Tag: CASE SUMMARIES

1
Citing Proportionality, Court Concludes it would be “Senseless” to Require Plaintiff to “Go to Great Lengths” to Produce Evidence Defendants are “Able to Do Without”
2
Court Warns “Continuing Problems” with Document Production Will Result in Order to Retain an e-Discovery Vendor
3
Willful or Grossly Negligent Destruction of ESI Allows Presumption of Prejudice
4
Timing of Defendant’s Actions Weighs Heavily in Analysis of Spoliation Sanctions
5
Citing the Lack of a Clear Distinction between the Two Tiers of Discovery, Court Adopts “Practical Approach” for Addressing Disputes over Scope
6
Stored Communications Act Does Not Apply to Unauthorized Access to Previously Opened Emails
7
No Sanctions for Routine Deletion of Text Messages “so as not to unduly encumber” Cell Phones
8
No Sanctions for Deletion of Email Folder belonging to “Perhaps the Key Witness” Absent Evidence of Prejudice
9
When is an Adverse Inference Instruction Not a Sanction?
10
Conducting “Traditional Relevance Analysis,” Court Denies Full Access to Plaintiff’s Social Networking Accounts

Citing Proportionality, Court Concludes it would be “Senseless” to Require Plaintiff to “Go to Great Lengths” to Produce Evidence Defendants are “Able to Do Without”

Apple Inc. v. Samsung Elecs. Co. Ltd., No. 12-CV-0630-LHK (PSG), 2013 WL 4426512 (N.D. Cal. Aug. 14, 2013)

Relying on the “all-to-often [sic] ignored discovery principle” of proportionality the court declined to compel Plaintiff “to go to great lengths” to produce information that the defendants could “do without.”

Read More

Court Warns “Continuing Problems” with Document Production Will Result in Order to Retain an e-Discovery Vendor

Logtale, Ltd. v. IKOR, Inc., No. C-11-05452 CW (DMR), 2013 WL 3967750 (N.D. Cal. July 31, 2013)

Plaintiff sought to compel Defendants’ production of all responsive documents and also sought sanctions, including attorneys’ fees and an order requiring Defendants “to retain an e-discovery vendor to conduct a thorough and adequate search for responsive electronic documents.”  Acknowledging that it shared Plaintiff’s concerns “about the inadequacy of Defendants’ search for responsive documents,” the court granted Plaintiff’s motion to compel and also granted the request for attorneys’ fees (although at a reduced rate).  The court declined to order the retention of an e-discovery vendor “at this time,” but warned that such an order would be entered if problems with Defendants’ document production continued.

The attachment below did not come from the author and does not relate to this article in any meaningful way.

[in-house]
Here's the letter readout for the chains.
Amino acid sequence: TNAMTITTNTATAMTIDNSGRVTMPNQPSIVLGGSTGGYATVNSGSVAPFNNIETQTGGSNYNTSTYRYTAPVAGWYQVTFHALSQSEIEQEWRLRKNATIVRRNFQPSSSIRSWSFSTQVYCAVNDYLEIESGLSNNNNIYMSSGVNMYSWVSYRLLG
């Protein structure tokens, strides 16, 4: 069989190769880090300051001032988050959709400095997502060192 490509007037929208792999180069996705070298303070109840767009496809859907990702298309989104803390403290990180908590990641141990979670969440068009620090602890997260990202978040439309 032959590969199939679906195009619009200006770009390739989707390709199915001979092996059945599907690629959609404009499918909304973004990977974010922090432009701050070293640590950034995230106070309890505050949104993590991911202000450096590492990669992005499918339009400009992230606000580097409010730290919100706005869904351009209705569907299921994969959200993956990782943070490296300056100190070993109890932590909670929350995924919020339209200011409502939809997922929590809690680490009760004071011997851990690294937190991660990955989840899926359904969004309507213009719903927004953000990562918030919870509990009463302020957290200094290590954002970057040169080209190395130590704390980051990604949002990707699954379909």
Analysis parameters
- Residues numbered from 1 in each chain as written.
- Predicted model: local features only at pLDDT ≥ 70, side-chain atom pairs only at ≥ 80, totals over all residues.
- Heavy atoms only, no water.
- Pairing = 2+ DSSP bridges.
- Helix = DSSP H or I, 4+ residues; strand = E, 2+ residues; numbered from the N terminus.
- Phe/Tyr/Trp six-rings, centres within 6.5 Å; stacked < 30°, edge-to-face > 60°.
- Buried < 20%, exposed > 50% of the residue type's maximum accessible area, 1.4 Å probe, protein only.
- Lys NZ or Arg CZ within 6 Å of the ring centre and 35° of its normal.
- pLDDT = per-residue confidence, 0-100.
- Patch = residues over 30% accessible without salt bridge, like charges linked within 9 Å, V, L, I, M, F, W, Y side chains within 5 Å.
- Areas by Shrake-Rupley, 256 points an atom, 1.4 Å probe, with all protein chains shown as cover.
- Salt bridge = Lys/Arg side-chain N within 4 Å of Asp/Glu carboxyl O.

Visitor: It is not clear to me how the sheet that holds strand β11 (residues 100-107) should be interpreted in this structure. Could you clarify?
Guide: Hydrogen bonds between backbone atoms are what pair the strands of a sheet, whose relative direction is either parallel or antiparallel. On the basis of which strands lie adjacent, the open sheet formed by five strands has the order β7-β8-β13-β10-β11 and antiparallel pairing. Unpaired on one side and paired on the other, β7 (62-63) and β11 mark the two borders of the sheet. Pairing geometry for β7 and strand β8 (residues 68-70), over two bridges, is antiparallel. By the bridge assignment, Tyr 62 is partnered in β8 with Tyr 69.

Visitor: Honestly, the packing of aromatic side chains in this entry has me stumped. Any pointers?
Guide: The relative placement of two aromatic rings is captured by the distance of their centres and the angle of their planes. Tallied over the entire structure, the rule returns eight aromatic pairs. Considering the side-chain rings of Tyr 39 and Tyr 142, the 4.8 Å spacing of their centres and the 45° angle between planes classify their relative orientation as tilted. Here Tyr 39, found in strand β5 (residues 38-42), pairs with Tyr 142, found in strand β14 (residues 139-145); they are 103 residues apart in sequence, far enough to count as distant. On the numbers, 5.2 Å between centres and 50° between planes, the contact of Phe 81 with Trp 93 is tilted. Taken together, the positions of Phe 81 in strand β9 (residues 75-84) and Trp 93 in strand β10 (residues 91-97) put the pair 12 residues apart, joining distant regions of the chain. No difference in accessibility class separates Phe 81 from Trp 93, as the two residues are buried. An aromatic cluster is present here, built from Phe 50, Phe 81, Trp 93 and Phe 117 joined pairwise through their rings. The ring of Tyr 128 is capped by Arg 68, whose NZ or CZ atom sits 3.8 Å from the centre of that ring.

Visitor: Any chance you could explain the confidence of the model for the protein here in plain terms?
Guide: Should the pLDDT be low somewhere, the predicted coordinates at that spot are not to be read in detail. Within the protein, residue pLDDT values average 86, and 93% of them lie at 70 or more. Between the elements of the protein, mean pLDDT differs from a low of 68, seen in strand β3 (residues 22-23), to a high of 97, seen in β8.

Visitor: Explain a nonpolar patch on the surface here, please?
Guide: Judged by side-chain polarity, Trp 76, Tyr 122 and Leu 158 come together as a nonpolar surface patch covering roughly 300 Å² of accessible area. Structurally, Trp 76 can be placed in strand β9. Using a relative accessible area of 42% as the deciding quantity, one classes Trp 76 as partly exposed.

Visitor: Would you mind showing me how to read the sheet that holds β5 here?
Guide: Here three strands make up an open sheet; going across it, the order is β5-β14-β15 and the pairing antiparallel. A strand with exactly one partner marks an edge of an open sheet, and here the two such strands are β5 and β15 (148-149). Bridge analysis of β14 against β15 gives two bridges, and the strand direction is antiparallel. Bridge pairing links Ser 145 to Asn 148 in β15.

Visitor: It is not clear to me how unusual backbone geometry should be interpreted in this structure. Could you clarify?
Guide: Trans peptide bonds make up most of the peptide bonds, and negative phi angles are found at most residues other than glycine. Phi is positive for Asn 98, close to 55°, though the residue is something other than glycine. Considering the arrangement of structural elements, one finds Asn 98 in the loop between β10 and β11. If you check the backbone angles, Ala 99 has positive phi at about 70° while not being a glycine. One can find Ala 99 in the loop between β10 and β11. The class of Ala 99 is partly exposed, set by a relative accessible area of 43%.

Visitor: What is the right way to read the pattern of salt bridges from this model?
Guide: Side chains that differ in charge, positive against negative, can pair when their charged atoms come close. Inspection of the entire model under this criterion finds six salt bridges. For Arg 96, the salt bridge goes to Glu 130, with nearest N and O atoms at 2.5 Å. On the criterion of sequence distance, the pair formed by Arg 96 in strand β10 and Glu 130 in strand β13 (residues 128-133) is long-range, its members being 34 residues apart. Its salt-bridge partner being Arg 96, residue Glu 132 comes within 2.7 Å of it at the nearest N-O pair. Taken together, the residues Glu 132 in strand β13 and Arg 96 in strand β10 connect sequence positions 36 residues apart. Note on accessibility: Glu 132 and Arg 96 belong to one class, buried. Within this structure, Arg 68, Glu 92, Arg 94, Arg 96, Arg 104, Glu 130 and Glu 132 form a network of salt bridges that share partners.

Read More

Willful or Grossly Negligent Destruction of ESI Allows Presumption of Prejudice

Sekisui Am. Corp. v. Hart, —F. Supp. 2d—, 2013 WL 4116322 (S.D.N.Y. Aug. 15, 2013)

Previously in this case, the Magistrate Judge declined to impose spoliation sanctions for Plaintiff’s deletion of emails and other ESI belonging to two important custodians absent a showing that the defendants were prejudiced by the destruction.  Upon Defendants’ objections, the district court reversed the denial of sanctions and imposed an adverse inference and monetary sanctions.  In doing so, the court reasoned that prejudice was presumed because the evidence was destroyed intentionally and explained that no showing of malice was required.

Read More

Timing of Defendant’s Actions Weighs Heavily in Analysis of Spoliation Sanctions

Barrette Outdoor Living, Inc. v. Michigan Resin Representatives, No. 11-13335, 2013 WL 3983230 (E.D. Mich. Aug. 1, 2013)

For Defendant’s bad faith failure to preserve his cellular phone and his deletion of 270,000 files from his personal laptop using scrubbing software, the district court adopted the recommendations of the Magistrate Judge and ordered monetary sanctions equaling $35,000 and an irrefutable adverse inference that the phone and deleted files would have contained information unfavorable to the defendant, including that Defendant was involved with the company allegedly created for the “pass-through” scheme on which Plaintiff’s claims were based.

Read More

Citing the Lack of a Clear Distinction between the Two Tiers of Discovery, Court Adopts “Practical Approach” for Addressing Disputes over Scope

DCP Midstream LP v. Anadarko Petroleum Corp., —P.3d—, 2013 WL 3225846 (Colo. June 24, 2013)